I just completed a 5,400 mile road trip to Seattle and back that included a seven-day Alaskan cruise and visits to Theodore Roosevelt, Glacier, Yellowstone, Mount Rushmore, Wind Cave and Badlands National Parks as well as the Black Hills National Forest. Each stop was beautiful and breathtaking; an epic road trip.

My first stop after leaving Traverse City and driving across the U.P. to intersect Interstate 94 was Theodore Roosevelt National Park. I spent two days touring and hiking around the park and found it’s only 28th on the visitation list for our national parks; a good reason to visit. In contrast, crowds were huge in Glacier, Yellowstone and Mount Rushmore National Parks.

Its location in western North Dakota is probably one of the main reasons for lack of visitors to the park. It’s not on the way to many other attractions, but consider the park itself the appeal for making an easy, two-day drive to explore this hidden gem.

The park, sometimes called the Badlands, which sweep across much of the landscape, is the result of eons of erosion and a long-ago glacier that turned the Little Missouri River eastward, helping to carve and shape topography. Prior to the glacier the river flowed north to Hudson Bay.

The landscape is almost like a prism dispersing pale colors that reflect from the rocks, especially around sunrise and sunset when they seem to shimmer. The Painted Canyon Visitor Center and Overlook, just off I-94, offers a magnificent panorama of rugged, broken topography robed in colorful hues.

Theodore Roosevelt National Park is spread across three units that swallow over 70,000 acres of jaw-dropping natural wilderness. It was appropriately named for the president who established five national parks and birthed the country’s conservation movement; a fitting monument.

There are scenic drives through the North and South Units as well as the short drive to the Painted Canyon. Both the units offer campgrounds, and there are numerous spots off highway U.S. 85 you can drive back into the park interior to pitch tents. U.S. 85 connects the two units. There are also numerous motels in the town of Medora, location of the South Unit Visitor Center, and nearby Dickerson.

The North Unit scenic drive is 28 miles out and back, with lots of pullouts and informative tidbits about the area. I saw buffalo, a distant elk and a handful of longhorn cattle on the drive. Most of the hiking trails in this unit are longer with few loops. The River Bend Overlook offers a short walk to an impressive view of the Little Missouri and its floodplain. The stone shelter, much like we have around northern Michigan, was built by the Civilian Conservation Corps during the 1930s. At the end of the road, before retracing your drive, is a splendid vista called Oxbow Overlook of the river and valley as it turns eastward. You can often spot bison herds milling around the river.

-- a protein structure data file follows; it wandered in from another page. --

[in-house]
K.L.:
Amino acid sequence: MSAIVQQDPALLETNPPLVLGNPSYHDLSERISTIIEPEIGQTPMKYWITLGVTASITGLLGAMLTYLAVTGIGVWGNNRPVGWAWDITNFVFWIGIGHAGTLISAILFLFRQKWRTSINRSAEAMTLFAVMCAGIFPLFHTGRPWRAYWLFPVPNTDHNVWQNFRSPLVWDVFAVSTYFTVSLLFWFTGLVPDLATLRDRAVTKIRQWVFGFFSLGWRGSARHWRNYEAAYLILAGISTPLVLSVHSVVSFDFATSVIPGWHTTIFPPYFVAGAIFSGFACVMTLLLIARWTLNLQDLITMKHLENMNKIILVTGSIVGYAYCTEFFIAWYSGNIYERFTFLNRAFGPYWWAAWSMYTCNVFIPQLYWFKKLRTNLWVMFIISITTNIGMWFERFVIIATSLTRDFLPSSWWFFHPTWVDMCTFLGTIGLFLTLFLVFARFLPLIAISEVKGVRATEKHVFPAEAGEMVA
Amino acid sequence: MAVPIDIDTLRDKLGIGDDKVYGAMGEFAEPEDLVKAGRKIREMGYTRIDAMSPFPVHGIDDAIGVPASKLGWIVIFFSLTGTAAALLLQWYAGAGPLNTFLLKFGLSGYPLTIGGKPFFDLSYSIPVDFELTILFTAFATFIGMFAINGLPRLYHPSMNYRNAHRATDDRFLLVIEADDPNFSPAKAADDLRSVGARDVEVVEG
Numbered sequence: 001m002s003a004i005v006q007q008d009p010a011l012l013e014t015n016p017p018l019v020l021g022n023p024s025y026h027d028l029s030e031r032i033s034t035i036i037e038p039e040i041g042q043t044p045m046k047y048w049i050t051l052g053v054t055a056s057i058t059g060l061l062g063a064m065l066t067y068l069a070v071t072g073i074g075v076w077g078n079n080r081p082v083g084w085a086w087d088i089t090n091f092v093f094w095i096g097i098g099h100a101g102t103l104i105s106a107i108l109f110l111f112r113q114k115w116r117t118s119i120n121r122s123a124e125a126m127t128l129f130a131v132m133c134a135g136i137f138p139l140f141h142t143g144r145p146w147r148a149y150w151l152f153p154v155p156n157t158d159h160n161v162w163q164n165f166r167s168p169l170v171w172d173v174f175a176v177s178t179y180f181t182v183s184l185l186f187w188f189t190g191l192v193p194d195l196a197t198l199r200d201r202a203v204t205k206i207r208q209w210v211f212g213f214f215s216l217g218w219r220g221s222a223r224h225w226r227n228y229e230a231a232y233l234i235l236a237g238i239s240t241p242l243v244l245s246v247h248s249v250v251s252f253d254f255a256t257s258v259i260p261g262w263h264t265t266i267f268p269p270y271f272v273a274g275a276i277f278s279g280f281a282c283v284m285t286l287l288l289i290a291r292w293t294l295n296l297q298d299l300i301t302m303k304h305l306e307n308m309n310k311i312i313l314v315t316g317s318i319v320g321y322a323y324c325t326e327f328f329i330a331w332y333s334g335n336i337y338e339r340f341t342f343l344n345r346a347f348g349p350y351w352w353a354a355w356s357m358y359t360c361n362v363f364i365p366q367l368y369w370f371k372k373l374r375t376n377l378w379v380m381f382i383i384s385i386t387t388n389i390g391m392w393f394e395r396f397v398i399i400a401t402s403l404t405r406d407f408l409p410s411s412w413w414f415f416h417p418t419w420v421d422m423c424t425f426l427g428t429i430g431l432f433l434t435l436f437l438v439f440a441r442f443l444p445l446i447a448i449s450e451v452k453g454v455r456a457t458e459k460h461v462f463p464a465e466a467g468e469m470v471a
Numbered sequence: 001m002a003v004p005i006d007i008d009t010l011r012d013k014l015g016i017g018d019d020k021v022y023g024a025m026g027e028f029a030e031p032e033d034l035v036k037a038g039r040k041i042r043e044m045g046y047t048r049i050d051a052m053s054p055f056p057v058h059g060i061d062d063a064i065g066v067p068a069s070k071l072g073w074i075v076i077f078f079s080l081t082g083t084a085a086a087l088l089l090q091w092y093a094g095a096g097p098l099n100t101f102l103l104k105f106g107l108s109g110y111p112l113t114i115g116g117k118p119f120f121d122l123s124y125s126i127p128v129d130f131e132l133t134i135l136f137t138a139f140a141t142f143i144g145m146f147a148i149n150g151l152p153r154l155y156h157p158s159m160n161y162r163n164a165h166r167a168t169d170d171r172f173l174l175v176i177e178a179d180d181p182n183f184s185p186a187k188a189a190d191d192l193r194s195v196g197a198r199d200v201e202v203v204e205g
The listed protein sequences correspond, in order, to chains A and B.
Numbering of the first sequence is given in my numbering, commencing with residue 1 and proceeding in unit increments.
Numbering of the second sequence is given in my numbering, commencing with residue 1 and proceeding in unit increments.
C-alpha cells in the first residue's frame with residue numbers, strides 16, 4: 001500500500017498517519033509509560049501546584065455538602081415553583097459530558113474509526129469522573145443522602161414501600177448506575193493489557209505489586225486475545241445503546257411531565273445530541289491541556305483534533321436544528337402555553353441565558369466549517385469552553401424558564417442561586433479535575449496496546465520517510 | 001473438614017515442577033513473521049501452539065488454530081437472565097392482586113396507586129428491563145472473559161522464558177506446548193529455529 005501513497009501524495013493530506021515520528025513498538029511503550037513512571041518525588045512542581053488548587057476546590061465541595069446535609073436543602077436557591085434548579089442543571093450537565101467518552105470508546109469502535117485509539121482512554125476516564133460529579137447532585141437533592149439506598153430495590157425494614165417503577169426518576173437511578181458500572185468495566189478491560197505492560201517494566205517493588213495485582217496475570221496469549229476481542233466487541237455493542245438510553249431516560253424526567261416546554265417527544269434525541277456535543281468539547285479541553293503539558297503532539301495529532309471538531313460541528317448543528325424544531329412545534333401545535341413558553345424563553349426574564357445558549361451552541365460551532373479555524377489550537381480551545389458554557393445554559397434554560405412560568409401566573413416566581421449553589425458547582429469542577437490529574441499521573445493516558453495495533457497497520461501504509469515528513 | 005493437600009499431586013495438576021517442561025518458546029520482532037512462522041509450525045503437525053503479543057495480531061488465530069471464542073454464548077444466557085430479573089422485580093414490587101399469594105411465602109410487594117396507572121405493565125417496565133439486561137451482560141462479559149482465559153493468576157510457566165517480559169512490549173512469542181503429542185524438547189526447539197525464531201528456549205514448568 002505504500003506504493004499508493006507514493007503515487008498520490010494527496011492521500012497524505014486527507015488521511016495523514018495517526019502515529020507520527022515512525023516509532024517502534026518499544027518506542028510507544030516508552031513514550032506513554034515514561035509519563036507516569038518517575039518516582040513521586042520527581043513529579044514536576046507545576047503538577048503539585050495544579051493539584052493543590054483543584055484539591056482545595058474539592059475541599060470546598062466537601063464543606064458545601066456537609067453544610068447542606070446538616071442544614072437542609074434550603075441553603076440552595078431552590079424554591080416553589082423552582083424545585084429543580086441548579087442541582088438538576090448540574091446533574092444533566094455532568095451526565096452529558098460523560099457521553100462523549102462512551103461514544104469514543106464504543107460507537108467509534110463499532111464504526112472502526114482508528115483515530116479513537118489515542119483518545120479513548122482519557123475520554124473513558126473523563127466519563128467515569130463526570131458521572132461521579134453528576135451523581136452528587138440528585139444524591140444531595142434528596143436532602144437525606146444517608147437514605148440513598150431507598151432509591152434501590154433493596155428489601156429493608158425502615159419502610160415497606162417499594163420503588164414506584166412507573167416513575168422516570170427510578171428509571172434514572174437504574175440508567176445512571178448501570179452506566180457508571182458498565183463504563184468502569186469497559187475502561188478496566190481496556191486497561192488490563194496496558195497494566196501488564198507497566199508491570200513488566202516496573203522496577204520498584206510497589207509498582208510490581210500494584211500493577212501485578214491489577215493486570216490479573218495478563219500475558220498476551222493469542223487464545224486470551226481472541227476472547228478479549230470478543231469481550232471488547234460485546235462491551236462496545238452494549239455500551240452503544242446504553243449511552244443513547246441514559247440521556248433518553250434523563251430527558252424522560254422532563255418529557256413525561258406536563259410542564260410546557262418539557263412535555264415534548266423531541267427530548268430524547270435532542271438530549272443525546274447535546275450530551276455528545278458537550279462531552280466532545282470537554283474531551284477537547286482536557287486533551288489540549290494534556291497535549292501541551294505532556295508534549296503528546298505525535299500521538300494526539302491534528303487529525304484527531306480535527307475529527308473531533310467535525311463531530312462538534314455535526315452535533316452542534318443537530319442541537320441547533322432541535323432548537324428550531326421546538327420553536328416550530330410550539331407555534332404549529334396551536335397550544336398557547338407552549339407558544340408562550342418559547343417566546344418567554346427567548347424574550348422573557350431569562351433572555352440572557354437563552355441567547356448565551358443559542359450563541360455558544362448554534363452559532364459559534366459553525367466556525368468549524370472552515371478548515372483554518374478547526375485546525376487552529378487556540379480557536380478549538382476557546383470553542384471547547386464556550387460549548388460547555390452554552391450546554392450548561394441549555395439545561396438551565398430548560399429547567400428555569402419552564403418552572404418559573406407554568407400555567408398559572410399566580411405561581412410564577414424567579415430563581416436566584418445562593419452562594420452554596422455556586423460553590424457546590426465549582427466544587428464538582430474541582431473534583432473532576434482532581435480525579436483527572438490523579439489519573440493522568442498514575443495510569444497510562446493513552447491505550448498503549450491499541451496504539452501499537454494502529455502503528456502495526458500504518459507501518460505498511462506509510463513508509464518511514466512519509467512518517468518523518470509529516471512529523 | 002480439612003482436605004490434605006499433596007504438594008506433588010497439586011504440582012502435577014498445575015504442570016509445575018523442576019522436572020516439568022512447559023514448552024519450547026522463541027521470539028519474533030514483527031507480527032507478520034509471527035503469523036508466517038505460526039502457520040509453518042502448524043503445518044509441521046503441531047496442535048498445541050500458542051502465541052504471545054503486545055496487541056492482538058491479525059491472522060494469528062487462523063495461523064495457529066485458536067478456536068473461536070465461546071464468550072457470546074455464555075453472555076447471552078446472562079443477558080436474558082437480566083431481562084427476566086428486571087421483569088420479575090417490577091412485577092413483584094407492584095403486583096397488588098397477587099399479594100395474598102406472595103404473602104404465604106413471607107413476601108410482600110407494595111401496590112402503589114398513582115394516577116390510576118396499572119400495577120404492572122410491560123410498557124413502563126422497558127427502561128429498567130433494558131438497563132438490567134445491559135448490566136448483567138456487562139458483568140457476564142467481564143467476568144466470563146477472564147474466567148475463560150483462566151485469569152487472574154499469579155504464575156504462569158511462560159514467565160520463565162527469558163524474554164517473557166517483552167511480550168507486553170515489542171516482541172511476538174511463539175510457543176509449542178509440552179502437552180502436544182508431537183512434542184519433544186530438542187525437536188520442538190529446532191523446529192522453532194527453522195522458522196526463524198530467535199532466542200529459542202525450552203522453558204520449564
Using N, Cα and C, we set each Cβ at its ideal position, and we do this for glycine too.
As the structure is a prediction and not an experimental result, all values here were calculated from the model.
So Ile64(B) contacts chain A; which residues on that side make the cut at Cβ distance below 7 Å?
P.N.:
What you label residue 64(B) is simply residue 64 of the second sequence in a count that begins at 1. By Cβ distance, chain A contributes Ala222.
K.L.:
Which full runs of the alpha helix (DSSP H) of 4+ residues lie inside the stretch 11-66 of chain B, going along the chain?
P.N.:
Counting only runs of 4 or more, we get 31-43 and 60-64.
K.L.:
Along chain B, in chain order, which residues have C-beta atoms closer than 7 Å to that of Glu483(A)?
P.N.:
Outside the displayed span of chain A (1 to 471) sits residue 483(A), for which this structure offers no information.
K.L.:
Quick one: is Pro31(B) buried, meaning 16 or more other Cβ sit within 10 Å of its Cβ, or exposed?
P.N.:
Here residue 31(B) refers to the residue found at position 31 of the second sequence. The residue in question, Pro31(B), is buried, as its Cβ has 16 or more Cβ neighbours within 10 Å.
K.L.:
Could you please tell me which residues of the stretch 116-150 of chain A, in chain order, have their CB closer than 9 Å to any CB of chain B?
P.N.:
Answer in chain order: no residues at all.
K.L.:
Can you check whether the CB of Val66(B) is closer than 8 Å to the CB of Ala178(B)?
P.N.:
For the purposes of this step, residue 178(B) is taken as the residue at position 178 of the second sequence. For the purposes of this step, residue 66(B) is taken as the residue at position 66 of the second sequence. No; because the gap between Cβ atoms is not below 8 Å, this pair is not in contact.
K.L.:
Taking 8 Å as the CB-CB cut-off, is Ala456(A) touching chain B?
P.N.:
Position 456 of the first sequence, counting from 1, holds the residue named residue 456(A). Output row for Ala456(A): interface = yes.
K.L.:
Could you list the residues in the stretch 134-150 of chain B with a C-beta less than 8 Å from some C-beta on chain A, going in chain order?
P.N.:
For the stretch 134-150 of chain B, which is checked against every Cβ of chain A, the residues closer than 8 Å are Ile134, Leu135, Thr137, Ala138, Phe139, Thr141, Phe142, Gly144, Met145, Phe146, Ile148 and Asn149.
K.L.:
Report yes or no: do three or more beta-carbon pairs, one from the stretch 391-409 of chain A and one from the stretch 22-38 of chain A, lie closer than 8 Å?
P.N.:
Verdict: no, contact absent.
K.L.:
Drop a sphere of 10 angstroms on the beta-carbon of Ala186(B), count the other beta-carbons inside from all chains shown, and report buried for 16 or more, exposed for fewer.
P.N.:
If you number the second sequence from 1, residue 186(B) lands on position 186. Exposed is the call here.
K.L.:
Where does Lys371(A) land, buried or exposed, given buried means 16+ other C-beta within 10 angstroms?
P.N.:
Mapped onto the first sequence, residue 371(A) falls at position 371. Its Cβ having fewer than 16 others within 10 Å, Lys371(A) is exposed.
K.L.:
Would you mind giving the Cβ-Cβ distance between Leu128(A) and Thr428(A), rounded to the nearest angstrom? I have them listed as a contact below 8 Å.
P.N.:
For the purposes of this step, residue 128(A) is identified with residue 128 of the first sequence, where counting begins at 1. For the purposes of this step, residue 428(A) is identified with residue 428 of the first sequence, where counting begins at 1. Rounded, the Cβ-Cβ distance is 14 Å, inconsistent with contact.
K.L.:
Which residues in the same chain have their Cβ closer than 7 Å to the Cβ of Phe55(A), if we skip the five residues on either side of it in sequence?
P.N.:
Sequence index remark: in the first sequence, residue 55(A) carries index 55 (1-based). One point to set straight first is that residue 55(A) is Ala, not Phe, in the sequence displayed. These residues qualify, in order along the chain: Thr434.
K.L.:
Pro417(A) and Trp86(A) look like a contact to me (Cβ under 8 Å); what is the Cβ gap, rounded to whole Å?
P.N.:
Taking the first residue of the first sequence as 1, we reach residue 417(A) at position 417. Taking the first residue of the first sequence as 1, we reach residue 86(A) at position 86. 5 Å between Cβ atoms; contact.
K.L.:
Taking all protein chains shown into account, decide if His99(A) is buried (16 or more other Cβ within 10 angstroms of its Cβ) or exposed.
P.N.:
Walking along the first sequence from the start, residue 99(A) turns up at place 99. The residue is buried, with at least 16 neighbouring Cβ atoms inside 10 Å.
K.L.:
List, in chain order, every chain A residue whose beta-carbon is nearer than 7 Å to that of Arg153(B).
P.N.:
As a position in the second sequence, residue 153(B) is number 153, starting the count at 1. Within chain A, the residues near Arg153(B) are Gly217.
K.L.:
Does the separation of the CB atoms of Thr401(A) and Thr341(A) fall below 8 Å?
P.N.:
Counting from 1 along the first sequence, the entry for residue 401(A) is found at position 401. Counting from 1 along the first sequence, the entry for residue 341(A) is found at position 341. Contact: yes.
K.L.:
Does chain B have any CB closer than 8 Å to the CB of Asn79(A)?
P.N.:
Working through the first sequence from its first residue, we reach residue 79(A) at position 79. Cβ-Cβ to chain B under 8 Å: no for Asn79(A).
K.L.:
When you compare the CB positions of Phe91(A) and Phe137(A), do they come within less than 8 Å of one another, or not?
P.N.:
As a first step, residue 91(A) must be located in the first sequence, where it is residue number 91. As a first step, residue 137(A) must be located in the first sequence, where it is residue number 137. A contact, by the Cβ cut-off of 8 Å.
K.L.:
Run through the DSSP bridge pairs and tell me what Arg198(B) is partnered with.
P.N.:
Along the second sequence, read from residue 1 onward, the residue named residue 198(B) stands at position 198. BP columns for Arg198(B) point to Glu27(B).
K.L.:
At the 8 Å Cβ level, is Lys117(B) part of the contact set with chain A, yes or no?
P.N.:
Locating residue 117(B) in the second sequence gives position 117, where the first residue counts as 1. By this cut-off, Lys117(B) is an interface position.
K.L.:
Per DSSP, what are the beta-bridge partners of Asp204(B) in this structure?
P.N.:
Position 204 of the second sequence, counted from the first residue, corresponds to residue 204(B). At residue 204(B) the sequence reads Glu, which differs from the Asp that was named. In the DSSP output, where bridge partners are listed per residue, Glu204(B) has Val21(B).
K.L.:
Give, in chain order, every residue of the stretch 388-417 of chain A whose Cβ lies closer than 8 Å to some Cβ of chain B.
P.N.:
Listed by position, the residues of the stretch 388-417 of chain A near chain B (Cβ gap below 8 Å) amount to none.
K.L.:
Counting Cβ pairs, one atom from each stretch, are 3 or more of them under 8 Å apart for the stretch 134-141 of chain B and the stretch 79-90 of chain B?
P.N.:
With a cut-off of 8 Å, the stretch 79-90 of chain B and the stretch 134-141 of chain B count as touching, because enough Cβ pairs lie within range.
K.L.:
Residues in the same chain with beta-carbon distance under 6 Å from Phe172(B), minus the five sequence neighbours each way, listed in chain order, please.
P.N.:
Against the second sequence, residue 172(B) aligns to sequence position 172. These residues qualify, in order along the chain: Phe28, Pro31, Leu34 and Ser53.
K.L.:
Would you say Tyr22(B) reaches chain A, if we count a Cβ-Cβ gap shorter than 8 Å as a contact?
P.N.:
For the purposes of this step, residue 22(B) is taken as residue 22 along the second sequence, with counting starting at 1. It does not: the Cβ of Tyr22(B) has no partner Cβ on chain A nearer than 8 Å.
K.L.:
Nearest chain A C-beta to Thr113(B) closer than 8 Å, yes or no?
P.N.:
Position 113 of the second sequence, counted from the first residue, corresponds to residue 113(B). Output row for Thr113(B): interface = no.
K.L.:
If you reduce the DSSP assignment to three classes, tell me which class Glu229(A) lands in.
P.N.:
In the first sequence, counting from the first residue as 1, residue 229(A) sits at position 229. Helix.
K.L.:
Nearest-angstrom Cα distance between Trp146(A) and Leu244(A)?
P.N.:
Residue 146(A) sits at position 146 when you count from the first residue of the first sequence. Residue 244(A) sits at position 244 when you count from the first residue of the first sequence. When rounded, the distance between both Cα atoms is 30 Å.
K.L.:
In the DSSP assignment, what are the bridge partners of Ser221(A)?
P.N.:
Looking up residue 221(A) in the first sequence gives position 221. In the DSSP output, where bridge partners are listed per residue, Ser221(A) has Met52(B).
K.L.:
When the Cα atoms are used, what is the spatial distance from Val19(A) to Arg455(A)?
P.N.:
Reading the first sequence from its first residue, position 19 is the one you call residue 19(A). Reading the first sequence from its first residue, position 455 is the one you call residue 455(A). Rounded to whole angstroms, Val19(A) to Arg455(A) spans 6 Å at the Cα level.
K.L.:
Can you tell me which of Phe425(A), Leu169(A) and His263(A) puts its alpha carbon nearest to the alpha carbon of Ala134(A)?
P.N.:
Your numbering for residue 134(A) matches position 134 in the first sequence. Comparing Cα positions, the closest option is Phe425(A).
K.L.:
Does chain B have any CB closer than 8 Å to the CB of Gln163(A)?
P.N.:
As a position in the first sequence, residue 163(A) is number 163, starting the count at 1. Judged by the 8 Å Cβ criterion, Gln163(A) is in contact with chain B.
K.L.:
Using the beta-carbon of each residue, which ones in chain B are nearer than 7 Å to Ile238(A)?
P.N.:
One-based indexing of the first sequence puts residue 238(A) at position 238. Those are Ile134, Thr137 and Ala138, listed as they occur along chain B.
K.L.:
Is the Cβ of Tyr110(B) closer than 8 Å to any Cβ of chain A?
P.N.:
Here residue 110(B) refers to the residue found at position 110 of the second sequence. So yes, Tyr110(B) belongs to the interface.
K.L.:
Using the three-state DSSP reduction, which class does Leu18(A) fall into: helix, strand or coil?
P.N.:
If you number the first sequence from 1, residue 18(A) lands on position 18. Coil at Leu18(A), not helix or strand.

The South Unit scenic drive is supposed to offer a 36-mile loop drive, but near the end of the loop a portion of the road fell into the valley this spring, making it a long out-and-back drive. It is well worth the effort to make the longer drive with its many overlooks and short scenic hikes. Again I saw more buffalo, but really enjoyed the many wild horse herds roaming free across the landscape and stopping at a couple of prairie dog towns to watch their amusing antics. Their colonies are scattered all along the scenic drive.

There are numerous short hikes you can make to various outstanding overlooks. The Boicourt Overlook, with a half-mile uphill hike, offers one of the best Badlands view, and Buck Hill, second-highest point in the park, overlooks highlands, sheltered valleys and creeks. Wind Canyon Trail is a loop of a mile or so that teeters along a cliff high above a Little Missouri River horseshoe bend that is pure “eye candy.”

The vast majority of the park’s visitors come during the summer, but fall would also be a picturesque time of year to plan an excursion. A National Geographic Traveler survey ranked Theodore Roosevelt National Park tied for eighth among 50 U.S. and Canadian national parks for stunning scenery, wildlife, history and recreational opportunities. It’s well worth a visit, and you need at least a couple of days to explore both units. My next column will be on the South Dakota visit that includes stops in the Black Hills and Badlands, another easy two-day drive from Traverse City.

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